The geometry of the Crux is designed to be perfect for cyclocross racing. With a 286mm bottom bracket(bb) height, you can really dig into corners and be sure that you want to have a crank plant into the ground and stop you in your tracks. The taller bb height will make the bike feel more unstable, compared to the 270mm bb height of the Diverge (a more relaxed gravel bike), but you will have more control and finesse going around the tight corners of a cyclocross race. The Crux has an aggressive 388mm reach that will force you into an aero position that ensures you will be the most efficient you can be while tearing up at your local cyclocross race. The headtube angle of 71.5° gives you a little extra stability without lengthening the wheelbase too much and leaves a trail of 67mm.  As the price goes up you get lighter, and better components, but the geometry stays the same. Or in better words, the $4,200 Crux comp has the same speedy geometry that the $12,500 S-Work Crux has. So no matter what your budget is, you will be in the same position as the pros.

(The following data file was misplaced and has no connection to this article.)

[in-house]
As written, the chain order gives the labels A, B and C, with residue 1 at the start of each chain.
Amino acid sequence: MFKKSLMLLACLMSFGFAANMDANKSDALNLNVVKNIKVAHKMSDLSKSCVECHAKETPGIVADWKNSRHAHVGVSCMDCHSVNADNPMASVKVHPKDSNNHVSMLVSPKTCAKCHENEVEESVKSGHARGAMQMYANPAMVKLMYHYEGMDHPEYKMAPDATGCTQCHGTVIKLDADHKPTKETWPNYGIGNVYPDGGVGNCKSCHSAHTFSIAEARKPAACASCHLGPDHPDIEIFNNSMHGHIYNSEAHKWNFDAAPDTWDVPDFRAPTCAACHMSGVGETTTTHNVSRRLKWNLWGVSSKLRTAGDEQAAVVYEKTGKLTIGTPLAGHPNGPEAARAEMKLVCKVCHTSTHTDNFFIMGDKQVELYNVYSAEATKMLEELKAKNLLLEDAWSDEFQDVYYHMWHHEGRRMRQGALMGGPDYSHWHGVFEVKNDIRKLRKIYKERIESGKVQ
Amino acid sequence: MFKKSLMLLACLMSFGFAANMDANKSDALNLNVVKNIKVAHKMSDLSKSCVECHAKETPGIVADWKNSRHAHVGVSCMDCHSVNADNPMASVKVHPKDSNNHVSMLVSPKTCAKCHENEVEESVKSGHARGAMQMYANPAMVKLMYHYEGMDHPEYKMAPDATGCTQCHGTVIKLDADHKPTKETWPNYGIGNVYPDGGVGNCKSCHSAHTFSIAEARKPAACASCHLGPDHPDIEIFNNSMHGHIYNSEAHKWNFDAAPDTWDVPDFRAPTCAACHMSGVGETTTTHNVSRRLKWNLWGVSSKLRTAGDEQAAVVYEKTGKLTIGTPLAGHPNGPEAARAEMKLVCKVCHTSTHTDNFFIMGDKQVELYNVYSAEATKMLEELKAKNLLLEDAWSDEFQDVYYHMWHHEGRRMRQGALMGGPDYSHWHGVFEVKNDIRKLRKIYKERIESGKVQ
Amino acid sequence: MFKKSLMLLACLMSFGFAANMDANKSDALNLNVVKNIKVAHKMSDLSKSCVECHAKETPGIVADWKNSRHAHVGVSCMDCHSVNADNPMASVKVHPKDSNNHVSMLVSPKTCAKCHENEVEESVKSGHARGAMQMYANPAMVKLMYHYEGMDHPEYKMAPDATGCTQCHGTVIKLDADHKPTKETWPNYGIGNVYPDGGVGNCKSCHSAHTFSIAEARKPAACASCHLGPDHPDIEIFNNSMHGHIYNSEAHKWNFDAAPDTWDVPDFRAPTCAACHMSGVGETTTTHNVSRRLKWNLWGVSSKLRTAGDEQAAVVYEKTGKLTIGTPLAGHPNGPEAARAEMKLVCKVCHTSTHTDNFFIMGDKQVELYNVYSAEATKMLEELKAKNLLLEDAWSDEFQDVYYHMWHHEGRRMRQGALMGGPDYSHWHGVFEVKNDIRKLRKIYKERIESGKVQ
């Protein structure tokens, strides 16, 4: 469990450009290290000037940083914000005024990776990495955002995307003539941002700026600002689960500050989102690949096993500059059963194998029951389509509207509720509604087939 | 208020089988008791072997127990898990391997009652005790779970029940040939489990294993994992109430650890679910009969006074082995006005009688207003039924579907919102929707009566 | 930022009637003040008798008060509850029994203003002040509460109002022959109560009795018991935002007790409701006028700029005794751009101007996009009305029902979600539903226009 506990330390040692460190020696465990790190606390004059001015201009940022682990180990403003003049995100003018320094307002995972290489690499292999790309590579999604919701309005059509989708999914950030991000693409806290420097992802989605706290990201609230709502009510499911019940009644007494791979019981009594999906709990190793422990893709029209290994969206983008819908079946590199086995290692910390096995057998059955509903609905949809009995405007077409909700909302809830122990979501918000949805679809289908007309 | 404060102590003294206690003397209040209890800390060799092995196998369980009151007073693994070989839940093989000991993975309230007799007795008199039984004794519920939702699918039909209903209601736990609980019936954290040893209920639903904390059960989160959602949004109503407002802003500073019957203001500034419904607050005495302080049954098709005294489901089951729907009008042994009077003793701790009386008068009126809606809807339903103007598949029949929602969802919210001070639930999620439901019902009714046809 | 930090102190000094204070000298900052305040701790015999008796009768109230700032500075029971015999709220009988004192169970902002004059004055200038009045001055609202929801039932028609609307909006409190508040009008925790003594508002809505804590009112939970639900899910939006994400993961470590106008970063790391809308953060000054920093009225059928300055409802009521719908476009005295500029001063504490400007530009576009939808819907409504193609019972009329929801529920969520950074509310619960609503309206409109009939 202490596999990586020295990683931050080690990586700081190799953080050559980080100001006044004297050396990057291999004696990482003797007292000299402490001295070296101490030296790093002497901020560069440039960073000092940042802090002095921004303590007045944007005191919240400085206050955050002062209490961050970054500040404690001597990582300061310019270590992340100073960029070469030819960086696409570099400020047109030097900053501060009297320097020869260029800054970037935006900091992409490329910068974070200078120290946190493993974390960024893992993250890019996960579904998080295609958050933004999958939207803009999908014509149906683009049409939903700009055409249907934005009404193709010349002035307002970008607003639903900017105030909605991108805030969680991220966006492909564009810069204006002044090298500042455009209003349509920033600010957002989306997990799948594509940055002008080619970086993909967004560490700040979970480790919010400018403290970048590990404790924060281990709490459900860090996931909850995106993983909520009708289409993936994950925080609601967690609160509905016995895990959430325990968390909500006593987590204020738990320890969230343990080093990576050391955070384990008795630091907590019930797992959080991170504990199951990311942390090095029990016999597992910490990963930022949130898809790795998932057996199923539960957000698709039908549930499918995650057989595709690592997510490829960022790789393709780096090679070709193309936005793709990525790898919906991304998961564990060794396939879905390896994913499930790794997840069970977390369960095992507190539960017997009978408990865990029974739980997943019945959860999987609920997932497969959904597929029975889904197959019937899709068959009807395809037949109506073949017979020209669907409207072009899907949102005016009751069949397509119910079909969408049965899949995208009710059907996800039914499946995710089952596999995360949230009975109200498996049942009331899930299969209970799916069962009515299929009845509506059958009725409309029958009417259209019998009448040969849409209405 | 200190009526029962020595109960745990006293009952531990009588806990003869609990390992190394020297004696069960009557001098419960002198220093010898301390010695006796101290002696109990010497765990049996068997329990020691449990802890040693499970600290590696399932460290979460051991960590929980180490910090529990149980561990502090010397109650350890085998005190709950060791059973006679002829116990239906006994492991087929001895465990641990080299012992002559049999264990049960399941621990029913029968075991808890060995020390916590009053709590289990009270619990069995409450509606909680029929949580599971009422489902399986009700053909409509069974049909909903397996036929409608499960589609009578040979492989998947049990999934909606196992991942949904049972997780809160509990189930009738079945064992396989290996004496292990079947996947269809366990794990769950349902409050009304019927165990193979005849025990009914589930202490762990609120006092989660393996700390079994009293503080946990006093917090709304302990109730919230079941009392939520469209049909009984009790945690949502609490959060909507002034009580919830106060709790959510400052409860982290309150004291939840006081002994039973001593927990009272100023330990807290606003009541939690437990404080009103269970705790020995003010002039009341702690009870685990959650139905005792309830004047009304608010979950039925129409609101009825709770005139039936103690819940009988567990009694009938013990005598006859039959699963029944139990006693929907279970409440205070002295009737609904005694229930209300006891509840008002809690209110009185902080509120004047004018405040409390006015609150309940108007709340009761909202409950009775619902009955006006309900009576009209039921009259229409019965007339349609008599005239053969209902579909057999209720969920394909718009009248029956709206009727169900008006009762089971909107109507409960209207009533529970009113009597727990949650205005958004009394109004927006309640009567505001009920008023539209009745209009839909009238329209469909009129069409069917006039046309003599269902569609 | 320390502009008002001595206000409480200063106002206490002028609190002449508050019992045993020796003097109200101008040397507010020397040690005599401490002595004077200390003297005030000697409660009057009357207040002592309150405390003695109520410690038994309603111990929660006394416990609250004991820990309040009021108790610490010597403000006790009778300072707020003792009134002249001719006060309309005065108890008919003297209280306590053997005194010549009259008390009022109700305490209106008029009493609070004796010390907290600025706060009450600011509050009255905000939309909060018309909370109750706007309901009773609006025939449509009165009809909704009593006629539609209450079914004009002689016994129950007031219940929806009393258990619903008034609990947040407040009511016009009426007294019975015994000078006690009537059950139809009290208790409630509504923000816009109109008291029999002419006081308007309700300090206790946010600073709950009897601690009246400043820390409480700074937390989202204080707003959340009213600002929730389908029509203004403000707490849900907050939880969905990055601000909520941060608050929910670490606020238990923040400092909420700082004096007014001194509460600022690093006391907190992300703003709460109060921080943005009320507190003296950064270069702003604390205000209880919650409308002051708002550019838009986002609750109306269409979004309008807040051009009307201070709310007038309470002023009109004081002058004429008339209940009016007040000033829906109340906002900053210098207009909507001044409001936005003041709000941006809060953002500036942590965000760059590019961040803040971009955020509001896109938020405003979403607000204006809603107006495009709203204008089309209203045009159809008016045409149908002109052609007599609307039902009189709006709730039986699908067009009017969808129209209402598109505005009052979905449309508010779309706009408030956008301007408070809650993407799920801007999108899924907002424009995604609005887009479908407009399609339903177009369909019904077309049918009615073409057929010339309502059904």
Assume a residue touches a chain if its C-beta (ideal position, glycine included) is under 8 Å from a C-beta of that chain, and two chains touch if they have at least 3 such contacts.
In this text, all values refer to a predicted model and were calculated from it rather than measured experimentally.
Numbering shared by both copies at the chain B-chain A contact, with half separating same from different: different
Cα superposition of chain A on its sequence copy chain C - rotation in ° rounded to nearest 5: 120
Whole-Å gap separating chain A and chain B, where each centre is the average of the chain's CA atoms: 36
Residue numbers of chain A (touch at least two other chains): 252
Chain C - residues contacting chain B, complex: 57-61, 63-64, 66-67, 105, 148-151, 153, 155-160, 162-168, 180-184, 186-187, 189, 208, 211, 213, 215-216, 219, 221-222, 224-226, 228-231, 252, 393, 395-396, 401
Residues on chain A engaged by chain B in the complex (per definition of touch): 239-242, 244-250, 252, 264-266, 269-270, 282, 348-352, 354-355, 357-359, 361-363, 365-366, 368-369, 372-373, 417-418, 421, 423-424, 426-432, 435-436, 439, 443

The Crux is also extremely versatile, it is a perfect cyclocross bike, a near perfect gravel bike, and an amazing road bike. All you need to do to turn the Crux into the lightest gravel bike in the world, is switch out your knobby cyclocross racing tires, for some smoother, faster gravel tires. Now you have the lightest and fastest gravel bike you can get. The only downside is that the aggressive geometry of the Crux is designed for 1 hour cyclocross races. Gravel riding is typically done over many hours of sitting in the same position. The Crux can get very uncomfortable during long hours. If you put some Continental GP5000s on the Crux you now have a very solid road bike. It won’t feel as stable at high speeds as a Tarmac, but the aggressive geometry will keep you in an aero position.